IfG report says the digital platform for applications from EU residents to stay in UK after Brexit will not be ready in time – and predicts 11-year backlog
A new digital platform to cope with an anticipated deluge of residency applications from worried EU nationals will not be ready in time, a think tank report has warned.
The Institute for Government (IfG) has said the Home Office is still a long way from providing a fully digital service and that it could take up to 11 years to process all the expected residency requests, unless the process is “streamlined”.
Its report, Implementing Brexit: Immigration, says the Home Office is developing a “fully online service” after mounting criticism of the existing 85-page form that up to 3 million EU citizens are currently expected to fill in if they wish to stay permanently after Brexit.
Officials have already tried to stem the flow by asking them to hold fire and “sign up for email news alerts” about what action they may need to take in the future.
The report notes that “progress is being made”, adding: “There is now a more user-friendly online form, offering applicants an alternative to the much maligned 85-page hard copy form.
“But this is a long way from a fully digital service. Applicants still have to print to their application for postage and the processing takes place in much the same way.”
The IfG says the promised fully online service would use HM Revenue and Customs data to reduce processing times, but adds: “It is not expected to be ready in time to deal with the bulk of the Brexit related applications.”
The IfG points out that 2 million of the 3 million EU nationals in the UK can already apply for residency – having lived here for five years – with many of the remaining 1 million qualifying by 2019.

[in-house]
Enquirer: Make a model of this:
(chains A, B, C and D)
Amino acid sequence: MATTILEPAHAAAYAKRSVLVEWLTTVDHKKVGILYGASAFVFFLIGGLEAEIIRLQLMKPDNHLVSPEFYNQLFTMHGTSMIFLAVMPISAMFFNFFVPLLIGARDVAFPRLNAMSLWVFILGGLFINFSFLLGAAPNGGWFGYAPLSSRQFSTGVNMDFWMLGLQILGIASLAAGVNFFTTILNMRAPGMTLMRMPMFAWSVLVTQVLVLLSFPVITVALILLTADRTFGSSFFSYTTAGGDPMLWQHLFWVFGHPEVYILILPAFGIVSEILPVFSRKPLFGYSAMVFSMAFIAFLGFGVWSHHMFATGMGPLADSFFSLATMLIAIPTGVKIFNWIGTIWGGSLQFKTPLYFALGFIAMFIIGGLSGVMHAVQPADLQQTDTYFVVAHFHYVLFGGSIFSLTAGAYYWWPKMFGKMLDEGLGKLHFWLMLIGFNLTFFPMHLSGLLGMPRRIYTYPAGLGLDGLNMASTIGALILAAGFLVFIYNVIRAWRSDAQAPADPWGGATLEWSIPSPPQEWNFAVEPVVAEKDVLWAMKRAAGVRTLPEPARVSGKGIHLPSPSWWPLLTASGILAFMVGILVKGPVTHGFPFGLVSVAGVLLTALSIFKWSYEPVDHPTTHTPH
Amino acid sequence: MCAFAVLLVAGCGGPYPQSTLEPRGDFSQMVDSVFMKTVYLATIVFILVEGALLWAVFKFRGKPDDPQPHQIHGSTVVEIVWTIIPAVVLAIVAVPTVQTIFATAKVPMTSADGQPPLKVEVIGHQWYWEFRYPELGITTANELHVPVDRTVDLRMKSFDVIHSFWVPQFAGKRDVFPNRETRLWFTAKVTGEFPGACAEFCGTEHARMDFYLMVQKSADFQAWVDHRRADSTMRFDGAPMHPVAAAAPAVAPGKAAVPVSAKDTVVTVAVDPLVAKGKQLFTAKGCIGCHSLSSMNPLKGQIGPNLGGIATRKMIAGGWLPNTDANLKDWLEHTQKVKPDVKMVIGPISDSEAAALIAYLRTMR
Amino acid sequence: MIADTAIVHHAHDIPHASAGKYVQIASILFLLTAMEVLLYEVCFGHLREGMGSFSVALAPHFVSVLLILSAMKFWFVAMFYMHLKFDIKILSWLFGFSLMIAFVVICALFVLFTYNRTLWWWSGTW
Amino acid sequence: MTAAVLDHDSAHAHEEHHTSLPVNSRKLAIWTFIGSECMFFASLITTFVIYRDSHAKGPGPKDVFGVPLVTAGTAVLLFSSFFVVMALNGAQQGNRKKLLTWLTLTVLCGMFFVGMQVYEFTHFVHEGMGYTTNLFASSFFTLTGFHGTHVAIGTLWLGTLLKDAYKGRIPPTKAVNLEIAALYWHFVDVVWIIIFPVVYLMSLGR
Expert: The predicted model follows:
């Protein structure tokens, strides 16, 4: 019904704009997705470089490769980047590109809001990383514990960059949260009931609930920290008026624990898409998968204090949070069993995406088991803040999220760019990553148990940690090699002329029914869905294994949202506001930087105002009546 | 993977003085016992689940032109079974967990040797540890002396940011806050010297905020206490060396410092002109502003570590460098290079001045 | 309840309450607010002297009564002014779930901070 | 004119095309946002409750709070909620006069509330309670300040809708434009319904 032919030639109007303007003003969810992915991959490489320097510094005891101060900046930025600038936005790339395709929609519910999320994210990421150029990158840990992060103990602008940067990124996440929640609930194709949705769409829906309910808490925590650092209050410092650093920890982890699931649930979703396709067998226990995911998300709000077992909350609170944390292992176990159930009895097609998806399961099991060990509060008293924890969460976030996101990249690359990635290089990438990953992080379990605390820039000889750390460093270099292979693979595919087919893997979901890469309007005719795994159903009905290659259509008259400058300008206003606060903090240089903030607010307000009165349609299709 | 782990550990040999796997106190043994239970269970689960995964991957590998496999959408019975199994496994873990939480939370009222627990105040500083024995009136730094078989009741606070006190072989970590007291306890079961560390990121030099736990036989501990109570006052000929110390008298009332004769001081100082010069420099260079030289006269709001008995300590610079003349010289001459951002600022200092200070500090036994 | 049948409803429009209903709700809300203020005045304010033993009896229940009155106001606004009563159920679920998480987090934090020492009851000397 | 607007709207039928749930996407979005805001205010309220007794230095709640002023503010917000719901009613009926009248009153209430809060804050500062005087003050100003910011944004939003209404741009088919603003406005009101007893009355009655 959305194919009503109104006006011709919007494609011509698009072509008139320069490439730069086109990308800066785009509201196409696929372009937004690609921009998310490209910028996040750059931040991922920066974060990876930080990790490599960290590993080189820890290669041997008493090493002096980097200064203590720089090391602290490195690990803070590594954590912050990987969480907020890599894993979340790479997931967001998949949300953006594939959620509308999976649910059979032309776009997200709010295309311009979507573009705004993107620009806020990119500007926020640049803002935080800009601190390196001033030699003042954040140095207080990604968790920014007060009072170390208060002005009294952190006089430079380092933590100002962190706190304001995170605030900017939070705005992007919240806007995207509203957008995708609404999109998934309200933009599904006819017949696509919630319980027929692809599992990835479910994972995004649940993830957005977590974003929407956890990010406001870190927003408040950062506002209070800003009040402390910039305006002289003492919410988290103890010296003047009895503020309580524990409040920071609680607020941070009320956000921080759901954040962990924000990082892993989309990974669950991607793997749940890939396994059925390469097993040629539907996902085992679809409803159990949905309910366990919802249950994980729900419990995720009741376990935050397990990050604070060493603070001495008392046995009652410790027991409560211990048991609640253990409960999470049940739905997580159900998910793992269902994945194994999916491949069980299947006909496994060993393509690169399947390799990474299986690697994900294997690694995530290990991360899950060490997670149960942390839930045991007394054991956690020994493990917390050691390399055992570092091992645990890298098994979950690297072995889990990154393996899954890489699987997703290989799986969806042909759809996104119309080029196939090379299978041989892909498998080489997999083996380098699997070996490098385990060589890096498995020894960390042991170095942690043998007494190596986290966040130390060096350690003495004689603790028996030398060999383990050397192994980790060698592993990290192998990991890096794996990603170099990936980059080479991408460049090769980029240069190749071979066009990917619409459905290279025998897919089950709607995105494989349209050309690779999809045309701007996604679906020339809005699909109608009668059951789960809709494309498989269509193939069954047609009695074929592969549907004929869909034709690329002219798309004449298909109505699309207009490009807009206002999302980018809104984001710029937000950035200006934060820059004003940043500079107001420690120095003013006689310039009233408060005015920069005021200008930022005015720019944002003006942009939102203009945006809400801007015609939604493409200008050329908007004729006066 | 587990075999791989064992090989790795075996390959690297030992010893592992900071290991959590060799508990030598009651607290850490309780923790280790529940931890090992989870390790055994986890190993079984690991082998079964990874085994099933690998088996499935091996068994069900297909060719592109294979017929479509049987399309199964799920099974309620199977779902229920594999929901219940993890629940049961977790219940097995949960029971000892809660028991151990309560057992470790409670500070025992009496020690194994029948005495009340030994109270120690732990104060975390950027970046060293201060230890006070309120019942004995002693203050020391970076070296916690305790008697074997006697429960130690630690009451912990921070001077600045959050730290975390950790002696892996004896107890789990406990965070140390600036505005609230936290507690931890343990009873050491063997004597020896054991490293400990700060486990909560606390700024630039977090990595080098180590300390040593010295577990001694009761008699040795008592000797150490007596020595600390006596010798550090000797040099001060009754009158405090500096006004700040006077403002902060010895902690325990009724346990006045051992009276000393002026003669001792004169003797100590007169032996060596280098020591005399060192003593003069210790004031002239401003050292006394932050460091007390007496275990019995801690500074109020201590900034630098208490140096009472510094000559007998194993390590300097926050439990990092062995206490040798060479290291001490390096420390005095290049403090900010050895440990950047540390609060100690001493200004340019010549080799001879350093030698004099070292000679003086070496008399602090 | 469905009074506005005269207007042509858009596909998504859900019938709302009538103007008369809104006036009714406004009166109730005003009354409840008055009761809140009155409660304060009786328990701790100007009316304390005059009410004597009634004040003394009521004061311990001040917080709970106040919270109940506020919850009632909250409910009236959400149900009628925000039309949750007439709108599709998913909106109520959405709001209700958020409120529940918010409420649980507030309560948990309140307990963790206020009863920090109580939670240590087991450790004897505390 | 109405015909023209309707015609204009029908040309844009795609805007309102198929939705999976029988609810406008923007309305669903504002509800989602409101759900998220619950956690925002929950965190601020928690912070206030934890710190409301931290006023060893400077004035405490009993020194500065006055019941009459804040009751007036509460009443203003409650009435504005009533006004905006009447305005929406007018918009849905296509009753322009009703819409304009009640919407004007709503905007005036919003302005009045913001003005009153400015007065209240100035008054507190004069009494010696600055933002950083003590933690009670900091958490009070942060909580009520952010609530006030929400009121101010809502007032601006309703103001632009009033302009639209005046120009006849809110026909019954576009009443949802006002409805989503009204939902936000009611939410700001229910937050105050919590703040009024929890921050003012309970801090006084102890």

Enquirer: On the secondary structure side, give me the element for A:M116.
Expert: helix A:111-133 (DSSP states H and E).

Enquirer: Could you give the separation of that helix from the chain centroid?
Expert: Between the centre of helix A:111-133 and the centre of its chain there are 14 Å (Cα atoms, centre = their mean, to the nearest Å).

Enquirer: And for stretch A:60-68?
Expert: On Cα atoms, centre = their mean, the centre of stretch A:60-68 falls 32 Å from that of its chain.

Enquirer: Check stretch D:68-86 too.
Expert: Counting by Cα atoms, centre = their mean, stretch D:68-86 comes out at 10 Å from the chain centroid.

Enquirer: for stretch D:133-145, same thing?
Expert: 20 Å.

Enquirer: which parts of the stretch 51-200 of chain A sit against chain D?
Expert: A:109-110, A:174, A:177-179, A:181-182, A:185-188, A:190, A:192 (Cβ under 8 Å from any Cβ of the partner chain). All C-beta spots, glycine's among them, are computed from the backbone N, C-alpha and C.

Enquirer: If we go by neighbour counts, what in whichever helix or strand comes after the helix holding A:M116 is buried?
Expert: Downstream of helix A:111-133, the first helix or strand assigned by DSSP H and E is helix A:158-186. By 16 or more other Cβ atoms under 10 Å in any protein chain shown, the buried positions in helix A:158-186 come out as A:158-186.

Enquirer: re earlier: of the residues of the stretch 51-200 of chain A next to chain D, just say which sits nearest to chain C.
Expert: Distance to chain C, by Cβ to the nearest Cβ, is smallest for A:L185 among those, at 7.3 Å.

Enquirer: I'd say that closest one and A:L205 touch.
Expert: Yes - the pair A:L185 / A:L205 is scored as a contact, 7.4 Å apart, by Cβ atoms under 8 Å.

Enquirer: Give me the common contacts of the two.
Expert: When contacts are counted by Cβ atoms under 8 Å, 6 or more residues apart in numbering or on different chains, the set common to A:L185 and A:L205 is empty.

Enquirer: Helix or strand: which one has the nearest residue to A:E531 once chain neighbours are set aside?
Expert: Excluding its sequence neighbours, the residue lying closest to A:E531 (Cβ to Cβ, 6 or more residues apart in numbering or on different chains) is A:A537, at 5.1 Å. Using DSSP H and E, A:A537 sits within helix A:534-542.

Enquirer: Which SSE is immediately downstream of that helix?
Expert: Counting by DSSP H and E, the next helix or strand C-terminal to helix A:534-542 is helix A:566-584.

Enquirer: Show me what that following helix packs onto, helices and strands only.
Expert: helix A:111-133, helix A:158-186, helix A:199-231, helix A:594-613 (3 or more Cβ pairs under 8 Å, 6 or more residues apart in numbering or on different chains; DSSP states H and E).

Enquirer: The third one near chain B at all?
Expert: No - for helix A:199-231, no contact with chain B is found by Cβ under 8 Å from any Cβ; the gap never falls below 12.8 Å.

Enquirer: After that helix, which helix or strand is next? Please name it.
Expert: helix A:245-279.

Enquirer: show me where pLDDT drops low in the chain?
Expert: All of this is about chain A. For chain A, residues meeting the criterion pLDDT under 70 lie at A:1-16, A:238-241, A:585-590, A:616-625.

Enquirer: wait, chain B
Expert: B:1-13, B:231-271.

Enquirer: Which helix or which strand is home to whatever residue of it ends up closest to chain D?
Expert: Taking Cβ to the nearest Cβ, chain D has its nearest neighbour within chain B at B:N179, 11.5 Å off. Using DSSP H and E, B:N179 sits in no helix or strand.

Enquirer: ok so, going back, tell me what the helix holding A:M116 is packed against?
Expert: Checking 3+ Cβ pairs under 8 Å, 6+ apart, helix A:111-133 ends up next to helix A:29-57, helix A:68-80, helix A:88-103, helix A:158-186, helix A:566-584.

But it notes: “To process all EU nationals currently eligible for permanent residence by March 2019, the Home Office would need to make roughly 3,600 decisions per day; it is currently making about 650 decisions per day.”
The calculation implies that, on current trends, it will take around 11 years to process the claims – with just two years to go until Britain is due to leave the EU.
In addition, an army of 5,000 extra Home Office staff would be required to process applications under the current tortuous system, on top of 140 already recruited.
“The current process for dealing with permanent residence applications from EU nationals is not fit for purpose,” said Jill Rutter, the IfG Brexit programme director.
Britain has refused to grant EU nationals in the UK the right to remain and work after Brexit until the 1.1 million British ex-pats in the EU are given the same guarantee.
Image by Swissbert, public domain through flickr